Individuals given a sporting chance of tax break
MANY of us suffered the misfortune of watching THAT game on March 25 against New Zealand. It all started well enough, but by the time JP Duminy was out trying to play a cut shot to a ball pitched in line with his off stump and De Villiers was run out, many of us felt that we had read this script before.
Then came the news that Graeme Smith did not come home with his team and instead went on holiday to Ireland “for tax reasons”. What was all that about? Rumours have been flying about potential tax avoidance and other nefarious activities.
On this score, however, our Proteas captain is entirely blameless. There is a provision in the Income Tax Act (section 10(1)(o)(ii)) that provides for an exemption from South African tax in respect of remuneration received by an employee for services rendered outside SA. This exemption only applies if the employee was outside the country for a period or periods exceeding 183 days in total during any 12-month period and for a continuous period exceeding 60 full days during that 12-month period and his services were provided during that period or periods.
It is likely that to qualify for this exemption Smith was merely making sure he complied with the day count set out in this provision and, in particular, the 60 continuous days requirement. So there’s no reason to suggest he has done anything other than comply with our tax law.
This is a section specifically designed to exempt income from tax in the circumstances prescribed. From a tax perspective there is nothing wrong with timing a wellearned holiday to comply with the provisions of the law and ensure that you qualify for an exemption provided in the Income Tax Act.
If this exemption does not apply then South African residents such as Smith need to pay tax on their worldwide income although they do get a tax credit for any foreign tax suffered. This means they should not end up paying double tax.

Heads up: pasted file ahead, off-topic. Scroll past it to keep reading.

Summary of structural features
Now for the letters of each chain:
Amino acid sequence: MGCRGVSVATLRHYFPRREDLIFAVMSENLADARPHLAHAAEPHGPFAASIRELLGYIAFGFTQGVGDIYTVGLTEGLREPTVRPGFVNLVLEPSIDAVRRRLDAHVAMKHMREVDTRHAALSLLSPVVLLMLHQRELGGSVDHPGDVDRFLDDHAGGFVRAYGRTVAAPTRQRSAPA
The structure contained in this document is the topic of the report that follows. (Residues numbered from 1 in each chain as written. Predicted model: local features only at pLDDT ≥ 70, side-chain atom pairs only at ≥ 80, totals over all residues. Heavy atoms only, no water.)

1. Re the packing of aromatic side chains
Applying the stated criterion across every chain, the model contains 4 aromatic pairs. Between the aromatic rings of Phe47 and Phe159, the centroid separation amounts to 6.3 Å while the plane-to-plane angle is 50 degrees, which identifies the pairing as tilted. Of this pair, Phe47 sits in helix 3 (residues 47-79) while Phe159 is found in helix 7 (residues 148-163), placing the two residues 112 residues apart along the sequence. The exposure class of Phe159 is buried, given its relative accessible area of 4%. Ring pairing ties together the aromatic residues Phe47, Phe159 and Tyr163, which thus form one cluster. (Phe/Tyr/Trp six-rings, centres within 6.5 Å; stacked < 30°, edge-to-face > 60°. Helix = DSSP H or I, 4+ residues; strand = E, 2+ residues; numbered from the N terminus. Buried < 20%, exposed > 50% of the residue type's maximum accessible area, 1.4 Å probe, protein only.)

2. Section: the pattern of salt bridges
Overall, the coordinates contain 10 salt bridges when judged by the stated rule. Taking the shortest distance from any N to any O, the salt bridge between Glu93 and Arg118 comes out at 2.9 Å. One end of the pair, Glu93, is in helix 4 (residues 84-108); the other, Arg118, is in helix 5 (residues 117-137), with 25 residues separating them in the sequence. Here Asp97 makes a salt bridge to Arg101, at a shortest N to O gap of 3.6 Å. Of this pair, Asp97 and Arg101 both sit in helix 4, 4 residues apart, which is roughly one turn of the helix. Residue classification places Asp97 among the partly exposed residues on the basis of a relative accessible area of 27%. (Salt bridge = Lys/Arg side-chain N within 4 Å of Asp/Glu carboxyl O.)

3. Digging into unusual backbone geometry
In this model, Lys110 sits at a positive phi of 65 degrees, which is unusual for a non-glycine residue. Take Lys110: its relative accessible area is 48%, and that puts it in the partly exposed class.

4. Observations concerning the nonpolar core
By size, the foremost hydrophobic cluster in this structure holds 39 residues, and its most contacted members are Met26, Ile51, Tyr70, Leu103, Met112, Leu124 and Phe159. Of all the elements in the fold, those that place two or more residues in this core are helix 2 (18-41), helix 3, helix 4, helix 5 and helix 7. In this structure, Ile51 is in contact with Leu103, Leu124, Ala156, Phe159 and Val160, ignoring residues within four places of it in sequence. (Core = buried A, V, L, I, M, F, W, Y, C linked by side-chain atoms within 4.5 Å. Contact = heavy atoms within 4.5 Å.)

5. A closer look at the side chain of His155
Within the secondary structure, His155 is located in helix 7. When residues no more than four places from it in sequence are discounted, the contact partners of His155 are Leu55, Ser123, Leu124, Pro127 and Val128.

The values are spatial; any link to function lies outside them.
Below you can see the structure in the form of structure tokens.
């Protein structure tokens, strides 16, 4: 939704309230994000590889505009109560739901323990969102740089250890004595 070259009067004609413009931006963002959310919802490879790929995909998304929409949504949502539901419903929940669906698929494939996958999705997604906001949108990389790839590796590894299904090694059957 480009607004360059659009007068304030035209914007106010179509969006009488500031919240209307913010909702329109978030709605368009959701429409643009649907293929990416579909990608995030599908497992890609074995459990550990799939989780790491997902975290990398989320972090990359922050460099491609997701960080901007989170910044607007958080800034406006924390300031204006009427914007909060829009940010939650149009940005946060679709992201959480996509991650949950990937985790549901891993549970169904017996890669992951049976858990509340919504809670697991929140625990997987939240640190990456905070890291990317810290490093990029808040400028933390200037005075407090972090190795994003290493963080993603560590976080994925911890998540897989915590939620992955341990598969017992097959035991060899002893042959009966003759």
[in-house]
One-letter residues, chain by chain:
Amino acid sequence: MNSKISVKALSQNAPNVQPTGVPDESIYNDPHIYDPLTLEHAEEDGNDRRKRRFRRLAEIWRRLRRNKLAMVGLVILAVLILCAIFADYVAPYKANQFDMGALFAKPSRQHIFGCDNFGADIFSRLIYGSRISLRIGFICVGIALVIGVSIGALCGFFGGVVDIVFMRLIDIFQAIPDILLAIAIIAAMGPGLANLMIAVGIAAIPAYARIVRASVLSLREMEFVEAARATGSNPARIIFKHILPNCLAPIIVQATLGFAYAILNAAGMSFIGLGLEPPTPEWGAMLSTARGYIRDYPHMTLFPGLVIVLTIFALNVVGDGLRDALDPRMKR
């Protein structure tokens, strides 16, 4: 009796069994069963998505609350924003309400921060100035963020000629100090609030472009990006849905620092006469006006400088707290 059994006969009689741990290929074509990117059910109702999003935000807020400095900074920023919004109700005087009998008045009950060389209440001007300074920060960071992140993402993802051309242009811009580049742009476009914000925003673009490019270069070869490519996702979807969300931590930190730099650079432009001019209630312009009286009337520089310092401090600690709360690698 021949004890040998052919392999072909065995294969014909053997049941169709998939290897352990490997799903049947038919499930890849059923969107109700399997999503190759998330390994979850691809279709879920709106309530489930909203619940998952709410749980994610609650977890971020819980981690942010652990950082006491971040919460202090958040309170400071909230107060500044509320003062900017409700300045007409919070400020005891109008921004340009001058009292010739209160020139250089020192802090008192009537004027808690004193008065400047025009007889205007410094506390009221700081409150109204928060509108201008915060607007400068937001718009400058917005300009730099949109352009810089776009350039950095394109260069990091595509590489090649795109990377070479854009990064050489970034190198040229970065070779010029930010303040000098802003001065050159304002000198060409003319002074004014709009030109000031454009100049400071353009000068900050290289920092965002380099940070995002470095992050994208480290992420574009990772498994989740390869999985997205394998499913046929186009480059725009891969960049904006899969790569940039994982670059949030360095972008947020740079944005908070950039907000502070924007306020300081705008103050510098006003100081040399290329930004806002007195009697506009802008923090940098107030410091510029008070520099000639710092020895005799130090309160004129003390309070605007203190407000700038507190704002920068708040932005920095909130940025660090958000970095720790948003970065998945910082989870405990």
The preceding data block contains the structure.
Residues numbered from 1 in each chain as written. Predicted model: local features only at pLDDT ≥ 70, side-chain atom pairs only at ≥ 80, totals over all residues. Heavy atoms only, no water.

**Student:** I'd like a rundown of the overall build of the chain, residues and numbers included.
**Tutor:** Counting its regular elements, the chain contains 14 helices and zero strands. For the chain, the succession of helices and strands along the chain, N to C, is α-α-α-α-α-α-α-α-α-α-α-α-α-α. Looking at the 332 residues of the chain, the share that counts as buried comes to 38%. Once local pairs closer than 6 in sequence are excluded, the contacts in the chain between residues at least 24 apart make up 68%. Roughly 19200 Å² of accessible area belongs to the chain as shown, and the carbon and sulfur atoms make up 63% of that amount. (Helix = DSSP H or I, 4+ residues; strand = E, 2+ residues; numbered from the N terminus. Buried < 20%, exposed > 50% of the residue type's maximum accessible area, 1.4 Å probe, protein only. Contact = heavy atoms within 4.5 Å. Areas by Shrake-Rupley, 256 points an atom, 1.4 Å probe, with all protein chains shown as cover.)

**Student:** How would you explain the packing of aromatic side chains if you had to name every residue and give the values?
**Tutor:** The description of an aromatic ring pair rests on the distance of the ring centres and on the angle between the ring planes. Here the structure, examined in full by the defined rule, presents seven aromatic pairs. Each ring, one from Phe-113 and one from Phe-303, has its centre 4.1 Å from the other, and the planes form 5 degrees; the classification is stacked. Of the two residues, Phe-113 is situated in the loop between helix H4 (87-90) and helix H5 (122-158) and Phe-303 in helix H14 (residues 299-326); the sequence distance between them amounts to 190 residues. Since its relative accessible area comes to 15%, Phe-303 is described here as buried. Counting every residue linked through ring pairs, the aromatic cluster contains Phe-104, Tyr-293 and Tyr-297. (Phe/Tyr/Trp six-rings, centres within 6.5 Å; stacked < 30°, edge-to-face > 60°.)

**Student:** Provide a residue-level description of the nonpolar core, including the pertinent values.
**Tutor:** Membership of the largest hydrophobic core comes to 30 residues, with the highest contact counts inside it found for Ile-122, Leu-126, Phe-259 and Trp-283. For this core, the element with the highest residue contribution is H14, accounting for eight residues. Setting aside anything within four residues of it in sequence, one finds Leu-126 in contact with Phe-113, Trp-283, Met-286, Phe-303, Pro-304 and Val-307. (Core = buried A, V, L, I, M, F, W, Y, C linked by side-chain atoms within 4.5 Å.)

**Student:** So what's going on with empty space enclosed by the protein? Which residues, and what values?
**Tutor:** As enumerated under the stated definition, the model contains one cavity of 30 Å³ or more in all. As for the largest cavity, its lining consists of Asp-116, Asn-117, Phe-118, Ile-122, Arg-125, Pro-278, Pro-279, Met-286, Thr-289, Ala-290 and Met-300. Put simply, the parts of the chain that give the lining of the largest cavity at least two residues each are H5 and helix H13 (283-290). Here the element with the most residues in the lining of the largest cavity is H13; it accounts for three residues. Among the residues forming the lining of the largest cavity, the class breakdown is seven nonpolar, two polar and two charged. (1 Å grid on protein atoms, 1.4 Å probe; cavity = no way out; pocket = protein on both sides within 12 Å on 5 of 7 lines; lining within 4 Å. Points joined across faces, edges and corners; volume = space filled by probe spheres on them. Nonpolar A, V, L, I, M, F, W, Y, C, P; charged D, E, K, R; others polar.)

In this regard, many countries tax sportsmen and women who participate in sporting tournaments. The provisions of the Model Double Tax Treaty allows the source state, that is the country where the tournaments are located, to tax the income of such sportsmen or women. The resident state (SA) then needs to provide a tax credit for the foreign tax imposed by that source state.
Individuals other than sportsmen or women are more fortunate. If a South African resident goes to, say, Ireland and provides services in Ireland then the Model Double Tax Treaty provides that Ireland may not tax such individuals in respect of employment income derived while in that jurisdiction if they are present in that country for less than 183 days in any 12-month period and are paid by or on behalf of an employer which is not a resident of that jurisdiction.
Such individuals may then escape all tax on their income since the jurisdiction where they provide the services may not tax them and SA (where they are tax resident) may also exempt them from tax under the exemption set out in section 10(1)(o).
If there was any truth in the rumour that Smith was considering leaving SA and captaining Ireland in the next World Cup then this would have different tax consequences. In particular, if a tax resident of SA ceases to be so resident, he is deemed to dispose of all of his assets at market value and capital gains tax is payable on any gains arising from this deemed disposal.
This is because when a person ceases to be a resident of SA this may be the South African Revenue Services’ last chance to get some tax from such individuals. In particular, once these individuals are no longer resident for tax purposes in SA they are only taxed on income derived from a South African source or capital gains derived from immovable property in the country.
These non-resident individuals may also pay reduced tax in the jurisdictions to which they emigrate. For example, the UK is famous for its “resident, but not domiciled” rules in terms of which individuals essentially only pay tax in the UK on income derived from a UK source or income which is remitted to the country.
Hint to Smith: if you are thinking of taking up the captaincy of another country, consider England. We have no doubt you will do a better job than that other left-handed opening batsman with a South African surname and your tax bill may well be lower than if you go to Ireland.
Peter Dachs and Bernard du Plessis are directors in ENS’s tax division.